In 2005, the Ayatollah Ali Khamenei reaffirmed the fatwa and the death sentence of Salman Rushdie. Two years later, Queen Elizabeth II knighted Rushdie for services in literature, angering Muslims around the world. In Pakistan and Malaysia, mass demonstrations took place in protest of Rushdie's knighthood.
In the 20+ years that have passed, Salman Rushdie has written many more great novels. His latest, The Enchantress Of Florence, was published in 2008.
In 2006, in response to the outrage of Muslim extremists over the publication of a series of editorial cartoons satirizing Muhammad in a Danish newspaper, Rushdie signed the manifesto Together Facing The New Totalitarianism, which was published in the French leftist newspaper, Charlie Hebdo.
Death threats continue to be made against Rushdie. In January of 2012, he was scheduled to appear at the Jaipur Literature Festival in India, but had to cancel that appearance and the rest of his Indian tour.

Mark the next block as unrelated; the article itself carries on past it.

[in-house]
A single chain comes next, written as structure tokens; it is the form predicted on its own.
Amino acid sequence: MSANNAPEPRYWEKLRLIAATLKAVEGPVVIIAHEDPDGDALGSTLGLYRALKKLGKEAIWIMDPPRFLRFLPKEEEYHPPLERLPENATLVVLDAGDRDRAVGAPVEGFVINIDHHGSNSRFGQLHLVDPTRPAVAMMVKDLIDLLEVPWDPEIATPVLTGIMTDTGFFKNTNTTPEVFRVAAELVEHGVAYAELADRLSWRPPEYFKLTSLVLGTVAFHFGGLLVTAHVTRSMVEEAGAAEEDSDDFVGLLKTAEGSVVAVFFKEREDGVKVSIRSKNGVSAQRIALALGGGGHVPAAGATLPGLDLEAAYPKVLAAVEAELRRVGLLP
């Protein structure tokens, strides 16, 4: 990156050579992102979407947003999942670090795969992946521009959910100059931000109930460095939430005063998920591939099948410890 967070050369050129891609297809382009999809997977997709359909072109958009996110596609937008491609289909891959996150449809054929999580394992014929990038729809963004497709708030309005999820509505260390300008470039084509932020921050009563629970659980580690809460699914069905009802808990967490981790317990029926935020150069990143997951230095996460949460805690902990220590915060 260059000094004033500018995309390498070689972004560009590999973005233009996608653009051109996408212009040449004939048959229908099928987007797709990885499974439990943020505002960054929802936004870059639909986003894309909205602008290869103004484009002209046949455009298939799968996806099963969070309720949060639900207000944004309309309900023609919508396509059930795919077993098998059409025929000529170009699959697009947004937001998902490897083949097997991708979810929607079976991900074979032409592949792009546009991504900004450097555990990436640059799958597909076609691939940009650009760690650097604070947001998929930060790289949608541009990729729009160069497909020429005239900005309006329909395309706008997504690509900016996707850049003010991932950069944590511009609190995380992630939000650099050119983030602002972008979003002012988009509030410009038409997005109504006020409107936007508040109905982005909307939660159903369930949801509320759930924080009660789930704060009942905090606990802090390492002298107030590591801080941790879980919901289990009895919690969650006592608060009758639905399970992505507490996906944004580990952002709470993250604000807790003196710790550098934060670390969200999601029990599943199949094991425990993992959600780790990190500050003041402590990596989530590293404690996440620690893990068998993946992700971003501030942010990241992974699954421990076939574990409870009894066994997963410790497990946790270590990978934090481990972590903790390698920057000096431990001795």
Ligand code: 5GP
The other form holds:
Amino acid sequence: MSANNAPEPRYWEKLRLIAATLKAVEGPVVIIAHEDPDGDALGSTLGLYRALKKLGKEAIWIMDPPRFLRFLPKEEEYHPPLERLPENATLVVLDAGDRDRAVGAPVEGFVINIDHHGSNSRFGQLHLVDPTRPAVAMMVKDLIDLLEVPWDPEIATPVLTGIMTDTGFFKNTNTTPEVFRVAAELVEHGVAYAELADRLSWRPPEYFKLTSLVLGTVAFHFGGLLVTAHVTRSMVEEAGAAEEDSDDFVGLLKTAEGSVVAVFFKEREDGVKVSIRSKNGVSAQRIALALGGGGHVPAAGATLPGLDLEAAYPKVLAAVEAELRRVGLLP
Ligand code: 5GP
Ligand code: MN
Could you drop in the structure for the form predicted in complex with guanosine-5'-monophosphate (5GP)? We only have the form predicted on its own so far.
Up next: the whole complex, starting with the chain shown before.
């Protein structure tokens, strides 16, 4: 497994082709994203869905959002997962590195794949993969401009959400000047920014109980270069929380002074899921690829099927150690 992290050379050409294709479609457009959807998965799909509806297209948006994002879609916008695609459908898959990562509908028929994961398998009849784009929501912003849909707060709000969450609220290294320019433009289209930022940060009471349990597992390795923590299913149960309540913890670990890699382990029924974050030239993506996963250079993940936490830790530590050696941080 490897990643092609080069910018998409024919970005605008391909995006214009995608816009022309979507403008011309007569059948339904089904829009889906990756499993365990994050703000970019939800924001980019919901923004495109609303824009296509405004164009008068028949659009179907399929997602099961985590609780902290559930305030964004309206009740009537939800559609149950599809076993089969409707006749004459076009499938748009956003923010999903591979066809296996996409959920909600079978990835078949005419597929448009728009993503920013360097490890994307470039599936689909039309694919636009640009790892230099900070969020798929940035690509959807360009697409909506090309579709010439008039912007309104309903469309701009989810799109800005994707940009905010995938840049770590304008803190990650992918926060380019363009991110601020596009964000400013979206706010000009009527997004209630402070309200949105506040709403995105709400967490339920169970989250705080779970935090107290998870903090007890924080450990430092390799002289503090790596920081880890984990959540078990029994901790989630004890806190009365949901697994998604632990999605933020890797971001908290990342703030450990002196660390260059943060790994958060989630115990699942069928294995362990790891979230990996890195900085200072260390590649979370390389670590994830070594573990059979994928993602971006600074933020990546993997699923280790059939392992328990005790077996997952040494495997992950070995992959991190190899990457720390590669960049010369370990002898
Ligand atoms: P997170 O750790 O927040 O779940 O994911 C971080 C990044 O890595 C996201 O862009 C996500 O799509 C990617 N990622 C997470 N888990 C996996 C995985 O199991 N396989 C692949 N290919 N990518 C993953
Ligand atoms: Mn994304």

Jaipur police warned Rushdie that hired assassins were planning to kill him either there or at another one of his appearances in India. He later investigated the police reports and concluded that the Jaipur police had deliberately lied to him.
Never one to back down, Salman Rushdie often appears as a discussion panelist on the HBO TV series Real Time With Bill Maher. He is without a doubt one of the world's great writers, as well as a crusader for freedom of expression.
Quote Of The Day
"The idea of the sacred is quite simply one of the most conservative notions in any culture, because it seeks to turn other ideas — uncertainty, progress, change — into crimes." - Salman Rushdie
Today's video features Salman Rushdie's appearance on Authors@Google in June of 2008, discussing his most recent novel, The Enchantress Of Florence. Enjoy!